In the words of Sam Cooke’s ode to the Civil Rights movement, made popular by the Neville Brothers in 1964, “a change is gonna come” in the Louisiana High School Athletic Association.
And it’s visible on the horizon.
Catholic and private school principals have told the LHSAA’s executive committee that, if there are going to be separate playoffs for private and public schools in most (if not all) sports beginning with the 2015-16 school year, they want to control how they will operate as a body within the state association.
These principals have spoken loudly and clearly. And the LHSAA is listening, although it doesn’t know how separate legislative branches within the overall body will function.
LHSAA executive director Kenny Henderson is at the center of the quandary of separation and is looking for a viable, peaceful solution.
Henderson marches to the beat of the association’s finances. He wants a definitive business model from either the principals or the School Relations Committee (SRC) that relates to how revenue will be gained and distributed if there are separate entities within the LHSAA.
While that is being hammered out – and remember, the plan presented by the SRC regarding a split is just an outline – Henderson has another idea of how the LHSAA can increase its football revenue in the 2014 State Farm Prep Classics.
He wants to give the Select schools a prime evening for their championship games – one week before the Non-selects stage their championship games. To do this, he would need to rent the Mercedes-Benz Superdome on the previous Friday.
At the mercy of the NFL
Henderson will discuss the possible availability of the Dome. But it depends on how the National Football League draws up the Saints’ schedule that week. If they play on a Sunday, the Dome would be available on the preceding Friday. If the NFL gives the Saints a Thursday home game, the building will not.
So the LHSAA and the Superdome are in a holding pattern.
The 2013 Prep Classic drew 58,224 spectators. On paper, that seems to be a big number. But if you divide nine games into that figure, the average attendance per game was about 6,470, not enough to fill either stadium at East or West Jefferson.
The Thursday games, which featured three Select divisions, attracted 19,444 spectators, most of whom came to cheer for Archbishop Rummel against Byrd; Archbishop Hannan, which was playing in its first title game; and a strong contingent from Baton Rouge to support University Lab in its game against John Curtis.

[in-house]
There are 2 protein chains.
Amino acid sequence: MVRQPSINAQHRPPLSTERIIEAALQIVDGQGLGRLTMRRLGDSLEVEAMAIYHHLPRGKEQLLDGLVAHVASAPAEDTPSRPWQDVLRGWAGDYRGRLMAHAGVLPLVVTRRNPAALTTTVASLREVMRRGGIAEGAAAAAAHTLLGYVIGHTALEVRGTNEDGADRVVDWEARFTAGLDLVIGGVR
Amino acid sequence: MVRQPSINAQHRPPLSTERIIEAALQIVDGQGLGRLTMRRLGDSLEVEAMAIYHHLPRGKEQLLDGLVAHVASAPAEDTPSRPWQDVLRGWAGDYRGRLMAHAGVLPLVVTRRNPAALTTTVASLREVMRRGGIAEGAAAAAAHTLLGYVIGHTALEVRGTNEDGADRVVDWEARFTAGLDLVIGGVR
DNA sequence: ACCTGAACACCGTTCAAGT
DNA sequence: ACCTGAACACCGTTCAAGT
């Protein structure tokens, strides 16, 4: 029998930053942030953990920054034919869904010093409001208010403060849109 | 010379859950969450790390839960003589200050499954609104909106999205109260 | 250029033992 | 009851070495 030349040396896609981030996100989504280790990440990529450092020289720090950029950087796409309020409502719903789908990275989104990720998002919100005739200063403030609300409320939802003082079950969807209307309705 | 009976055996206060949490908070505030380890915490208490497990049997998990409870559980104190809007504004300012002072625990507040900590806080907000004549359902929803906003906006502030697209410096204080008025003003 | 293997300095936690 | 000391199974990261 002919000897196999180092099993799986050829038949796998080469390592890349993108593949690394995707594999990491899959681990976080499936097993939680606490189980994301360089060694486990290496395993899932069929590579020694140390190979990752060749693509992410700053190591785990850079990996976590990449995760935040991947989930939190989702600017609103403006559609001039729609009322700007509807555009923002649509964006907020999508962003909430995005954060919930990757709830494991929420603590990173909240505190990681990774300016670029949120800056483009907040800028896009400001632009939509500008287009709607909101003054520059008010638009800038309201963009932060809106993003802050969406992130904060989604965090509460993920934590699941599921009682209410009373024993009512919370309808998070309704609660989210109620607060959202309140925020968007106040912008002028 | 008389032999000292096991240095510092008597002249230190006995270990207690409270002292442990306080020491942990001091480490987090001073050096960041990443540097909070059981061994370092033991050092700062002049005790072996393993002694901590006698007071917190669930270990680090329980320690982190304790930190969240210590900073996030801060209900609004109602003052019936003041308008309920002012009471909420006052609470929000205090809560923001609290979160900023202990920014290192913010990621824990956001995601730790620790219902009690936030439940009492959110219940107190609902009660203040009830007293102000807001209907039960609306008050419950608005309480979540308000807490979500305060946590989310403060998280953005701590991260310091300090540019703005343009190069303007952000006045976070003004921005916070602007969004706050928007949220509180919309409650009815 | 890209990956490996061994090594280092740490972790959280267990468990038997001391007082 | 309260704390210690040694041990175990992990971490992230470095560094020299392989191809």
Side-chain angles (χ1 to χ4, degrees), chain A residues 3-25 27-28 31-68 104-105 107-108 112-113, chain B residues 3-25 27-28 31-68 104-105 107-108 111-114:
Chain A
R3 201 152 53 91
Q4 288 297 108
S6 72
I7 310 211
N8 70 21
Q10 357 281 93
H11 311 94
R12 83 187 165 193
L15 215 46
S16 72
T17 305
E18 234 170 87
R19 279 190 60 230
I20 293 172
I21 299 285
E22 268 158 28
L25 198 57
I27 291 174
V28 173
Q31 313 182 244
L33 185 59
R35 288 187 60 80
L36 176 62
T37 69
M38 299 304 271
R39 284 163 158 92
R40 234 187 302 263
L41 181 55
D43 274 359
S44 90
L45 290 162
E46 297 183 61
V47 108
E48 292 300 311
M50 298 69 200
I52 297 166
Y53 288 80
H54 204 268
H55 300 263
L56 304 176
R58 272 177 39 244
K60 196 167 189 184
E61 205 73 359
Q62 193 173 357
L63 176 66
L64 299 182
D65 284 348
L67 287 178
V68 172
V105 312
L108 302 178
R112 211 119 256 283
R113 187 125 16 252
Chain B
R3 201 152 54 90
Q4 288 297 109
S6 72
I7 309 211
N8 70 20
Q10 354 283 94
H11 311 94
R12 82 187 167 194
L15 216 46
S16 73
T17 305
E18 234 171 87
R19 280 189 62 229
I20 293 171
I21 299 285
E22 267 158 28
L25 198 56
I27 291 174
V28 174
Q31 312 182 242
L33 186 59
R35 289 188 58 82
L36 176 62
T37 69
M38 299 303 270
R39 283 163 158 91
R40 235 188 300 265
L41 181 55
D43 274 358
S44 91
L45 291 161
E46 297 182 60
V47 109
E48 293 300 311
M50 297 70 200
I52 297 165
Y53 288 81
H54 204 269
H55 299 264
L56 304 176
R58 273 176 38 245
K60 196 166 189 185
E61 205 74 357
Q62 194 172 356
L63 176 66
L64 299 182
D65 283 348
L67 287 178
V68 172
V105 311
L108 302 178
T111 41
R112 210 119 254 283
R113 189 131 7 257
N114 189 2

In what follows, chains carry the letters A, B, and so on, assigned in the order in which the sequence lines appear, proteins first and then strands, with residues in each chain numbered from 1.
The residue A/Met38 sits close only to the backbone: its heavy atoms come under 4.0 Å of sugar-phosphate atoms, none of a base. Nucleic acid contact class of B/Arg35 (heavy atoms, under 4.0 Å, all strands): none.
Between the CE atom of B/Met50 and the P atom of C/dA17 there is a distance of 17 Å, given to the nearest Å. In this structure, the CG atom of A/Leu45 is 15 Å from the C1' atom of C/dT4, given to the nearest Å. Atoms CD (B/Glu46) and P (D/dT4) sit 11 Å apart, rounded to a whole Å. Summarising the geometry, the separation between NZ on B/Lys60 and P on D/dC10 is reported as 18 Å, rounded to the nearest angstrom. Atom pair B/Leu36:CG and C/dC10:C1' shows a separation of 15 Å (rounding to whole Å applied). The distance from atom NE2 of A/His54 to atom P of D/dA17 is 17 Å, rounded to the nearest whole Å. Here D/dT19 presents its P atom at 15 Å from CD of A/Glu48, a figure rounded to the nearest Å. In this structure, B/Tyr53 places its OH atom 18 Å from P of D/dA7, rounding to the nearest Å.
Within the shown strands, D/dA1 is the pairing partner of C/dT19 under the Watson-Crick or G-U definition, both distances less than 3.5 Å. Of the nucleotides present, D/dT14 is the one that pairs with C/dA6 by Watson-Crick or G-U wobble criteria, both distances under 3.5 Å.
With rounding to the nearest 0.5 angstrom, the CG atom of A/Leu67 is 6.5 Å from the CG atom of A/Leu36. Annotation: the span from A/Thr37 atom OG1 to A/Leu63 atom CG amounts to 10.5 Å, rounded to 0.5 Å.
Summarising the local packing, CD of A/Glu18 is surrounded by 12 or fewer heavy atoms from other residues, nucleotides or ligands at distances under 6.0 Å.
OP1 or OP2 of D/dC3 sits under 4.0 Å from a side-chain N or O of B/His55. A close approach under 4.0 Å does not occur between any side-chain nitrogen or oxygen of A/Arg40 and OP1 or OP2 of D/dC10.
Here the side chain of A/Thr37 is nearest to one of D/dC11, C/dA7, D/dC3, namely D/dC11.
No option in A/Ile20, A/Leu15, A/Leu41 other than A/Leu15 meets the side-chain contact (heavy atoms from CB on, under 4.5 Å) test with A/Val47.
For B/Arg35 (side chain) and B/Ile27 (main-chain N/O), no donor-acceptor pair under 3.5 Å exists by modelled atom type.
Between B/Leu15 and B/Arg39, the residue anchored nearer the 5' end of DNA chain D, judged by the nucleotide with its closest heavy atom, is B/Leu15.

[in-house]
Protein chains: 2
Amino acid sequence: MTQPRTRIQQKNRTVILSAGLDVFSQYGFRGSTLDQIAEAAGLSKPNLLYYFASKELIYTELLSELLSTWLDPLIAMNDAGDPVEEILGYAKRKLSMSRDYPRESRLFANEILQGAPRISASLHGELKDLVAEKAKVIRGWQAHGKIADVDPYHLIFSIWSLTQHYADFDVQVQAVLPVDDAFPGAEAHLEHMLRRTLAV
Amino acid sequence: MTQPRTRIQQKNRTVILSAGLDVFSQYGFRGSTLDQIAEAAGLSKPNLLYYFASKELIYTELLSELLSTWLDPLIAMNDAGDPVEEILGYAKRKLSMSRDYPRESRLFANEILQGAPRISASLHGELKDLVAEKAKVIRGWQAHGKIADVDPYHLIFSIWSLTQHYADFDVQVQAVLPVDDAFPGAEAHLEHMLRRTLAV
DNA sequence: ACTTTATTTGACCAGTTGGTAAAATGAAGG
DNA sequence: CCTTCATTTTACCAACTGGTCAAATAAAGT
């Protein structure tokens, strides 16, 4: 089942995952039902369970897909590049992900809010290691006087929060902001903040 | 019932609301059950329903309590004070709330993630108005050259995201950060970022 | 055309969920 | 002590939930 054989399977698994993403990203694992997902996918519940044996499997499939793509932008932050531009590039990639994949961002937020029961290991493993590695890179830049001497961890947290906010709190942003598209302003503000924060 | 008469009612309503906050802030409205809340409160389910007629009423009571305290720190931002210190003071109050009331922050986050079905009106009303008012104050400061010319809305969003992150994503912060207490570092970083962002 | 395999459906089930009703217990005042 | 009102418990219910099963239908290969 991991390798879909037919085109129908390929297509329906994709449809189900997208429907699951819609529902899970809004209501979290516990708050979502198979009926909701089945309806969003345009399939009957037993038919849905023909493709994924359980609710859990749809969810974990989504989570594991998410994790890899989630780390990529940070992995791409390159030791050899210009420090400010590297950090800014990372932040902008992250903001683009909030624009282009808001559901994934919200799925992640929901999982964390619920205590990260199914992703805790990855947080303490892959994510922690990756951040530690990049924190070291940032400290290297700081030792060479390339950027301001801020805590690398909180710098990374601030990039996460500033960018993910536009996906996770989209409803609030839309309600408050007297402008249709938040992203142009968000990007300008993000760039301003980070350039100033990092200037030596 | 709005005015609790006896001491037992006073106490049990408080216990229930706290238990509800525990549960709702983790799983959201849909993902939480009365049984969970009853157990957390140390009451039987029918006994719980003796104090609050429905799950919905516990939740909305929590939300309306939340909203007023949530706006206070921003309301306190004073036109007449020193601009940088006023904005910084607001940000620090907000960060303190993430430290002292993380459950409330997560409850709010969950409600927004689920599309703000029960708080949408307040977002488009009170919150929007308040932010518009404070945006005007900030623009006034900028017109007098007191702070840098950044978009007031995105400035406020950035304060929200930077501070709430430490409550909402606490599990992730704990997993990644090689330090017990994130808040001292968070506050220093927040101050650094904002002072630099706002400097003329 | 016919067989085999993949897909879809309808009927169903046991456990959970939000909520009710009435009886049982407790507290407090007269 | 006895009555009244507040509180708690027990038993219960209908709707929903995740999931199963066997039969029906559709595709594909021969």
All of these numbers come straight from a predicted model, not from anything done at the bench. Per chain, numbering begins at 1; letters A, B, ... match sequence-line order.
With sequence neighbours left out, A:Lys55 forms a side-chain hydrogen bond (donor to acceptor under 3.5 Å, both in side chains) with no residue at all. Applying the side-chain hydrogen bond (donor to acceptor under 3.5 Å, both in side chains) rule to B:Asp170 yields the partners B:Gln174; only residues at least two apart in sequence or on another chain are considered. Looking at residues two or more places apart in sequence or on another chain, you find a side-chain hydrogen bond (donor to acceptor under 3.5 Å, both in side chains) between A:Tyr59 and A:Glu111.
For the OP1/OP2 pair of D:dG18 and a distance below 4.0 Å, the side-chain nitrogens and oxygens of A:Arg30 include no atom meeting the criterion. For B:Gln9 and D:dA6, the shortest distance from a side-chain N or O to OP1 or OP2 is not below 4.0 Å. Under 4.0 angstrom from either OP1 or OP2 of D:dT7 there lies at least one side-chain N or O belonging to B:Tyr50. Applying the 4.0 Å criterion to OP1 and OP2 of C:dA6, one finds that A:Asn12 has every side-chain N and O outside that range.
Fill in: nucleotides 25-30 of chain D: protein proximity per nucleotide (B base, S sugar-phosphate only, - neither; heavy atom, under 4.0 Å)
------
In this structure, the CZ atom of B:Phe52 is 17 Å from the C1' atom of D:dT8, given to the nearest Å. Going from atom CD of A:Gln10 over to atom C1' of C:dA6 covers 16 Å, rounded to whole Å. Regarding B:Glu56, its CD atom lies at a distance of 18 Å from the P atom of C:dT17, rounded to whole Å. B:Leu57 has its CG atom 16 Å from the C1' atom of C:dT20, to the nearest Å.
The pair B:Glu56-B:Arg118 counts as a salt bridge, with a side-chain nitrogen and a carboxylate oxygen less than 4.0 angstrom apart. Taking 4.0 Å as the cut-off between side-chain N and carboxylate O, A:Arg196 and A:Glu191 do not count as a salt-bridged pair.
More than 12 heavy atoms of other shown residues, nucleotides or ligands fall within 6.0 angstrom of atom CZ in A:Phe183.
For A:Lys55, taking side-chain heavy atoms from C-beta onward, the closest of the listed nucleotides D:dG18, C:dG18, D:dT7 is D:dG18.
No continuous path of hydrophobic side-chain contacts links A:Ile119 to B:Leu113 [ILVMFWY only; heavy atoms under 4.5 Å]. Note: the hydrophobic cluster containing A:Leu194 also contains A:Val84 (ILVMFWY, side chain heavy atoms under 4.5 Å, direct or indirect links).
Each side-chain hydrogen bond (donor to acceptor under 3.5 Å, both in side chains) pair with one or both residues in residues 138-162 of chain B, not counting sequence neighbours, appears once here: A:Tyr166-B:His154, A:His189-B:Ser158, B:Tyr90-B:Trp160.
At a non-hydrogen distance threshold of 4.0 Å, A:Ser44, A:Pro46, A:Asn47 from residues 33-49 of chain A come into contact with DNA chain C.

Friday night, which featured mostly non-Select schools, was a bust. Just 15,517 fans – enough to fill Pan American Stadium – showed up to see Union Parish vs. Livonia, Kinder vs. Many and Haynesville vs. Mangham. All six schools are located more than 160 miles from New Orleans.
A large Saturday crowd of 23,209 wouldn’t have filled Tad Gormley Stadium but saved the weekend for the LHSAA.
The fact that locals East Jefferson and Edna Karr played for the Class 4A championship was significant, as was the large following from Acadiana, which, incidentally, set a Classic scoring record in beating Parkway, 77-41.
Financial success of the Classic, as it is in all championship sports, will always depend on which schools make the finals and the distance they must travel.
But one thing is a constant: private school followers always travel better than public schools fans because there is more support for these teams.
East Jefferson and Karr drew well because one group had to cross a parish line and the other a bridge. But had this game been played outside the city, travel would not have been economically feasible for many fans.
Too many divisions
The Select schools played for four divisional football championships last year. Division I had just 10 schools. Two – Byrd and Scotlandville – are no longer considered Select because of an attendance zone change by the LHSAA.
Eight schools in Division I are too few (although principals at St. Thomas More and Teurlings Catholic said they would voluntarily play up).
There are 71 Select schools that field football teams. Realistically, there should be no more than three divisions of these schools, with four districts each.
If one divides the schools by their enrollment numbers from top to bottom, football districts that somewhat justify a three-division model could be similar to this:
Division I, District 1: St. Louis Catholic, Loyola, St. Thomas More, Teurlings Catholic, Notre Dame.
Division I, District 2: Catholic (B.R.), University, Parkview Baptist, St. Michael the Archangel, E.D. White, Vandebilt Catholic.
Division I, District 3: St. Charles Catholic, Archbishop Shaw, De La Salle, Lusher, Thomas Jefferson, Ben Franklin.
Division I, District 4: Archbishop Rummel, Brother Martin, Holy Cross, Jesuit, St. Augustine, St. Paul’s.
Division II, District 1: Calvary Baptist, Evangel, Menard, Madison Prep, Ouachita Christian.
Division II, District 2: Catholic (New Iberia), Opelousas Catholic, Westminster, Sacred Heart of Ville Platte, Catholic High of Pointe Coupee), Mentorship Academy.
Division II, District 3: Episcopal (B.R.), Riverside Academy, John Curtis, Dunham, Christian Life, Redemptorist.
Division II, District 4: St. Thomas Aquinas, Northlake Christian, Archbishop Hannan, Pope John Paul II, Newman, Country Day.
Devil in the details
So far, the process was fairly simple.
The question may arise, why is a school placed in a nearby district instead of one in its immediate area?